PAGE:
‘I Know You Chinese People’
The screen lit up, and the audible notification woke me from an uneasy sleep. It was a routine I was just getting used to. Spring was here, and sorting out the junk lying around the house and jettisoning some of it through social media seemed a quick and easy way to reclaim some shelf space and square footage. Besides, there wasn’t much else left to do in the eighth long week of virtual house arrest during the COVID-19 shutdown, and I needed to distract myself from the disturbing stories of anti-Asian racist incidents that had begun appearing in the news. I remembered the sender of this latest message. Mr. G* had made an offer on an item the previous evening, but since I had gotten swamped by a deluge of interest earlier that day and secured a committed buyer, I had politely declined his offer and gone to bed.
“I know you Chinese people.”
I sat bolt upright and felt an all-too-familiar knot begin to form in my gut. Almost instantly, a fire drill went off in my head, a mental exercise I have subconsciously rehearsed since I was a child: that I was being oversensitive; that I was being paranoid; that what I was hearing or seeing was not what was happening; to not draw attention to myself. This self-inflicted gaslighting served the short-term purpose of defusing imminent threats, ensuring survival to fight another day, and it was by now instinctive. I fumbled for my glasses, in case my eyes were playing tricks on me. You’ve got this all wrong, I told myself. There is absolutely nothing wrong with Mr. G knowing some Chinese people. The knot in my stomach began to relax. Still, I was curious. I typed in a single question mark, hit send, and was instantly rewarded with a non-delivery error. In other words: blocked.
SARS-CoV-2 has brought with it a surge of hate crimes against Asians: an elderly man forcibly thrown out of a convenience store by an assailant uttering COVID-19-related epithets; a young woman waiting at a bus stop sucker-punched by a passerby; buildings, memorials, and property defaced with racist graffiti. It doesn’t matter that I was born here, or that before any of this happened I had no idea what a “wet market” even was. I have a bullseye on my back, having been lumped in with all Asian-appearing people as foreign, savage, dirty, disease-ridden, and therefore unwelcome. The same tired tropes we've been slandered with for centuries now reverberate in social media, cable news, and talk radio echo chambers, amplified by people in positions of power and influence. The message is clear: My presence pollutes this otherwise clean, civilized society, and I am to leave—or else.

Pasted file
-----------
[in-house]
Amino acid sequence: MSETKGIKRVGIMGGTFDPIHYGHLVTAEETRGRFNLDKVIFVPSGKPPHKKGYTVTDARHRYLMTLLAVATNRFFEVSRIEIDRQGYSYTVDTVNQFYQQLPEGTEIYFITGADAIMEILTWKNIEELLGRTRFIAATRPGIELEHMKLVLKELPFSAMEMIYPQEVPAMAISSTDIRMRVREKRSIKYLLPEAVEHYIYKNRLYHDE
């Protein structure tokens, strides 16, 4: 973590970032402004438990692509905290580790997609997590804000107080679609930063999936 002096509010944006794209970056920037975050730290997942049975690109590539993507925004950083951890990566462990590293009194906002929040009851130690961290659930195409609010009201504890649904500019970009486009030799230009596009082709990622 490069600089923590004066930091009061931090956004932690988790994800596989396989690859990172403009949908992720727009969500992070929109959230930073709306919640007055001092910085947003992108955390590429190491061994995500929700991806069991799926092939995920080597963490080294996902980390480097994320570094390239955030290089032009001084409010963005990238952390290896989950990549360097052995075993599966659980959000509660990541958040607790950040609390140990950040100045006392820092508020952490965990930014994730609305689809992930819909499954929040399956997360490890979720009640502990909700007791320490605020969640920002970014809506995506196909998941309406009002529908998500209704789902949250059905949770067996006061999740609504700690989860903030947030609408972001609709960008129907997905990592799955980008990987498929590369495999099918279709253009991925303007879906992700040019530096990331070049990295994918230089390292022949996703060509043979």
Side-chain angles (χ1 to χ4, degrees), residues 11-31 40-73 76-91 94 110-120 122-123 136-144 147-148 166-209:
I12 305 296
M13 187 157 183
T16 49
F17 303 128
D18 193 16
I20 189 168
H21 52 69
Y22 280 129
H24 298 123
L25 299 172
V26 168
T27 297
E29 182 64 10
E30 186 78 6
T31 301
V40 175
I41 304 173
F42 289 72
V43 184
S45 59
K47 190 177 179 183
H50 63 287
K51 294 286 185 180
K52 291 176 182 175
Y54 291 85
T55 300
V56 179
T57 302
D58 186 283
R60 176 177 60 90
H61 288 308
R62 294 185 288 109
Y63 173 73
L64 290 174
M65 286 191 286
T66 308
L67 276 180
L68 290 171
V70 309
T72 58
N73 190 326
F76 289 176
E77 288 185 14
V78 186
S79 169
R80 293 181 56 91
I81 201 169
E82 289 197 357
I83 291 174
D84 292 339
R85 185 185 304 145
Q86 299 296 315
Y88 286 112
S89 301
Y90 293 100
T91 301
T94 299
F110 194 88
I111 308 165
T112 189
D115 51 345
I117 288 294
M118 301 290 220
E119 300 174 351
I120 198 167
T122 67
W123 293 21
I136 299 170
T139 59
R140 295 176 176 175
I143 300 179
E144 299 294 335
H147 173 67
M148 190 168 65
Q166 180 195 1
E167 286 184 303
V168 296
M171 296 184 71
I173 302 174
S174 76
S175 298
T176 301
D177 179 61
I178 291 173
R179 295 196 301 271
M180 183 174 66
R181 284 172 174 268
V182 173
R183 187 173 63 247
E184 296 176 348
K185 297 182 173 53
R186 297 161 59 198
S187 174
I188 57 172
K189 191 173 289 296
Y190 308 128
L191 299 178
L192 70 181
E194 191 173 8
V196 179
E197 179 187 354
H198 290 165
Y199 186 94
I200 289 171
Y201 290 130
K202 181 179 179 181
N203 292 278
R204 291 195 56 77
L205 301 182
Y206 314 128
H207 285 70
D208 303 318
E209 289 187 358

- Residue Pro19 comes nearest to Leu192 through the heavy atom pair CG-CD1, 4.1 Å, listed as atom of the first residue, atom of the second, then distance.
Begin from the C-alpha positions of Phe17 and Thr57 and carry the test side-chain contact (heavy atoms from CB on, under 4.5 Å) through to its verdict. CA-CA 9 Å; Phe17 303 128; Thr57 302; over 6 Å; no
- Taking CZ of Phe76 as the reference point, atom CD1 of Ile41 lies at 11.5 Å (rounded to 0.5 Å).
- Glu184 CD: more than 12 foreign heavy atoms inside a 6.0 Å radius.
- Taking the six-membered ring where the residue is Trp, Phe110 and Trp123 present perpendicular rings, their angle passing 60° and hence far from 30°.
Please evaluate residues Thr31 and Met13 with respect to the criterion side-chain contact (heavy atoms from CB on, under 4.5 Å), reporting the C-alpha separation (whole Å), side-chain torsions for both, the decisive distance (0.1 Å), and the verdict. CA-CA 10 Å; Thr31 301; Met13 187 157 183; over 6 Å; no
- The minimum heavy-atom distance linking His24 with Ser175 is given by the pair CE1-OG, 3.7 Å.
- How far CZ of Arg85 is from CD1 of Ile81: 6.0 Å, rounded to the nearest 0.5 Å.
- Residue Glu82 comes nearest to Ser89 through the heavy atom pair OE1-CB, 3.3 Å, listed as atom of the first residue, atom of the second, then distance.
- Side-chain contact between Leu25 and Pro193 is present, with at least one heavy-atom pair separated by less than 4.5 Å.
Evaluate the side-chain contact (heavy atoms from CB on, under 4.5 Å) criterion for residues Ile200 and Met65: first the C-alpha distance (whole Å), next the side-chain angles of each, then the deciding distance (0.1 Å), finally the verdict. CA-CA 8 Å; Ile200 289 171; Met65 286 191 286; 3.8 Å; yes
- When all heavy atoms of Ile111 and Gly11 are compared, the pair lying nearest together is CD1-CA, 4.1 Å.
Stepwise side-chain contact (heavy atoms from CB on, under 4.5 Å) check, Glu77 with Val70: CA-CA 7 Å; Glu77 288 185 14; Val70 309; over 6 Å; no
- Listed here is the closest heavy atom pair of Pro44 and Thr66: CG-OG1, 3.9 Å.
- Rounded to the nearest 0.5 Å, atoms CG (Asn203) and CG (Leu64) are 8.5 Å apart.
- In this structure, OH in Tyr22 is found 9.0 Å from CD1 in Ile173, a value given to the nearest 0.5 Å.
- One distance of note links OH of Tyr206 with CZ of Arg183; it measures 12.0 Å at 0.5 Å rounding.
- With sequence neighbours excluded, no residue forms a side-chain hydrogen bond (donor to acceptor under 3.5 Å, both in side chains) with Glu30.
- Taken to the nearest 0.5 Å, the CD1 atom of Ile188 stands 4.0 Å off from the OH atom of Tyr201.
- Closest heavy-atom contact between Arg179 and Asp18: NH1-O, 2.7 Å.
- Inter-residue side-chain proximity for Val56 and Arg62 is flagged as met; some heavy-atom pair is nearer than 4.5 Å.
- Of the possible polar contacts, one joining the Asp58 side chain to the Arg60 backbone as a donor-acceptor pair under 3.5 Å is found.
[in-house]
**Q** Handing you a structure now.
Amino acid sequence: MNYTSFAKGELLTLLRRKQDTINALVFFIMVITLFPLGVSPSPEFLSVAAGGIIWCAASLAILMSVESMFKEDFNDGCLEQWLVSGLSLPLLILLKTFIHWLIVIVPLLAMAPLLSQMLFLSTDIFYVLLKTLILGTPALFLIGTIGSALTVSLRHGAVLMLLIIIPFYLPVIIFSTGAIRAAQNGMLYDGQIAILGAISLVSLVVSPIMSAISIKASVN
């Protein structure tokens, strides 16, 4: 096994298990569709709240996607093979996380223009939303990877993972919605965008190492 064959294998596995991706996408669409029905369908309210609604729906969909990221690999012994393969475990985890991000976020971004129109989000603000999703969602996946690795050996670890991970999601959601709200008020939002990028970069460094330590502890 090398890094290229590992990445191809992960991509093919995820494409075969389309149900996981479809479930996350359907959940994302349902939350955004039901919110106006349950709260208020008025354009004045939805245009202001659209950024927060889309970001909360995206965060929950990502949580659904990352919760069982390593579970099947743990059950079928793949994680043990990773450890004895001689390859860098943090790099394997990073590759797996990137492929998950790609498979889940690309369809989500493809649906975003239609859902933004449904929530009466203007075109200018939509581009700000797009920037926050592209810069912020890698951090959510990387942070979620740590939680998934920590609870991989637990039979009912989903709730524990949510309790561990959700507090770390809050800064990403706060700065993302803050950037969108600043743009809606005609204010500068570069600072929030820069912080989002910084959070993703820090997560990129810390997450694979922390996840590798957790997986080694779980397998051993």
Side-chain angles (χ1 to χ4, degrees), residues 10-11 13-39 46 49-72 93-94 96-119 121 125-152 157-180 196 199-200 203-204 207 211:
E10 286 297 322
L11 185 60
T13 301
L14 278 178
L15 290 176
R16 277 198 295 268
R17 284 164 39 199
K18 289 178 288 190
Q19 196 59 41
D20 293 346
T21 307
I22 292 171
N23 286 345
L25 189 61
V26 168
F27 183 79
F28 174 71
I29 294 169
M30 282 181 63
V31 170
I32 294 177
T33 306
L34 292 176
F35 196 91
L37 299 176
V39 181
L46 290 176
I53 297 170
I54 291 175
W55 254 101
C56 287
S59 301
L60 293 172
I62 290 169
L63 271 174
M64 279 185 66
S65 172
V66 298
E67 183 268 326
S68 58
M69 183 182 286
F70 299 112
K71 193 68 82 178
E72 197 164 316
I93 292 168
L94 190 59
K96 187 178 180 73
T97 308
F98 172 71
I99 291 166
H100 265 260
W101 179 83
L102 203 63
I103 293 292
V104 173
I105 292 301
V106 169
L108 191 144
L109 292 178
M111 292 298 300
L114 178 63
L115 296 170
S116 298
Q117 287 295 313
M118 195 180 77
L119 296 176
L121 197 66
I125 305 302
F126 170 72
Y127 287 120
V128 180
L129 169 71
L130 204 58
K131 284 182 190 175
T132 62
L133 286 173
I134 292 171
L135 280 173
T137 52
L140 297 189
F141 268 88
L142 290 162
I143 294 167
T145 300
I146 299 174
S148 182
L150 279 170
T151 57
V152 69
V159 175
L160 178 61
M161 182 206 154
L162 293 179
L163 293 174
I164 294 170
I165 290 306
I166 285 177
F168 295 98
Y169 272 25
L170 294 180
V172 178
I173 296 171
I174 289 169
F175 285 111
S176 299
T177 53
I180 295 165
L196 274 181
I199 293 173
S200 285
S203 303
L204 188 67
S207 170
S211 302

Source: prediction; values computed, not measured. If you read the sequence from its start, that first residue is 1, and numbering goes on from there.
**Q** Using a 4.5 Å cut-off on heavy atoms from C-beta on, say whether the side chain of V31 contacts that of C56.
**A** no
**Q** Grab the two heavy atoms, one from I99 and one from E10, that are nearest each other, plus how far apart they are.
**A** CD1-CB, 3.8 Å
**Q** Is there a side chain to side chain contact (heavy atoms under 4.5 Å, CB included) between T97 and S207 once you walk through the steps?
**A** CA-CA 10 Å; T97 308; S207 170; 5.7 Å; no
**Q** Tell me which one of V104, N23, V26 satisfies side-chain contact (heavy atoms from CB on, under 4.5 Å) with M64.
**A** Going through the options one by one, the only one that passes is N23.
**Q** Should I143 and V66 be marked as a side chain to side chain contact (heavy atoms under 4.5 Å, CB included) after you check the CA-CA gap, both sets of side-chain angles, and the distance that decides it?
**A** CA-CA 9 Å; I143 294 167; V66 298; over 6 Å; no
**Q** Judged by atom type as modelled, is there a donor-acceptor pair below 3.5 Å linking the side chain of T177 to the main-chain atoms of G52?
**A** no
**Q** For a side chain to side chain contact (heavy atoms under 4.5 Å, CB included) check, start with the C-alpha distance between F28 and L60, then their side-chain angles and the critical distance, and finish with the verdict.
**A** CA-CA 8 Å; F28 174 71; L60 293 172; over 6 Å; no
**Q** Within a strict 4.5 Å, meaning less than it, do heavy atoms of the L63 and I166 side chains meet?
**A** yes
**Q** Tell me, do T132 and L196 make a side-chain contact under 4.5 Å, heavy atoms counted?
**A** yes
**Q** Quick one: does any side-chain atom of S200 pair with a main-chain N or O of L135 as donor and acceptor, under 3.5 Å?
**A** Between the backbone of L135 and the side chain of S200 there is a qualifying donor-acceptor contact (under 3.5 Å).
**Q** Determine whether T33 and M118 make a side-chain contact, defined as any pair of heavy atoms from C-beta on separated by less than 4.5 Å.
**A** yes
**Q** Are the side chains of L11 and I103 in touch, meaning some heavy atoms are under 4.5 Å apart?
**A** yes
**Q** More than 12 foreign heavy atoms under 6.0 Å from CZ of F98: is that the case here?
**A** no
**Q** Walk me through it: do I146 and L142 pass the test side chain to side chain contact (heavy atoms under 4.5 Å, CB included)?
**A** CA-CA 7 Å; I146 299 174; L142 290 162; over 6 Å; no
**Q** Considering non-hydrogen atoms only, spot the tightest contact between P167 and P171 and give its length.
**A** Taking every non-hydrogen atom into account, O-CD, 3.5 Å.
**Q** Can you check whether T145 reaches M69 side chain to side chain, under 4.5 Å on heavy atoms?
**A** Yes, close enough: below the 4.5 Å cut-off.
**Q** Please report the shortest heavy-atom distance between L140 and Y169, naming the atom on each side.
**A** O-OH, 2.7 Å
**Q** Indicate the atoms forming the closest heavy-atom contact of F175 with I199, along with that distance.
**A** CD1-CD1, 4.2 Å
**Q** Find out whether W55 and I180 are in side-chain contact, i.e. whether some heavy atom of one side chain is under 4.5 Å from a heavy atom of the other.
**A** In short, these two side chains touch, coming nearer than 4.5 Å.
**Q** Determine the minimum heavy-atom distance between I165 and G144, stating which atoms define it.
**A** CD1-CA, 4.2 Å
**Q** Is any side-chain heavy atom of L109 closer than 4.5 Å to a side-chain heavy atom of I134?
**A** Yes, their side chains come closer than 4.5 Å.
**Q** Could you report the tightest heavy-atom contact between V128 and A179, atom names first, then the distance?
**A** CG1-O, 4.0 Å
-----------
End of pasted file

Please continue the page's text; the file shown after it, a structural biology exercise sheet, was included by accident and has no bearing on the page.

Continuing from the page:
Even grocery shopping, already beset by shortages and social distancing measures, requires a risk assessment beyond just the danger of infection: Is the fact that the kids are running low on milk worth taking the chance of being shouted at, spat on, punched out, or returning to the car to find it keyed or the tires slashed? Do I wear a mask to protect others, or will wearing one make me even more of a target? What will I do if I’m attacked? Will an altercation end with one or the other in the hospital, or worse? What if my wife or our children are attacked? This constant hypervigilance is exhausting. I can forgive the virus. Dispassionate, mechanical, not quite alive yet clearly not inert, it acts only as instructed by its program; horrifically but matter-of-factly, without animosity or remorse. But somewhere out there, right at this moment, is a thinking and feeling human being, who has consciously decided that I am the enemy.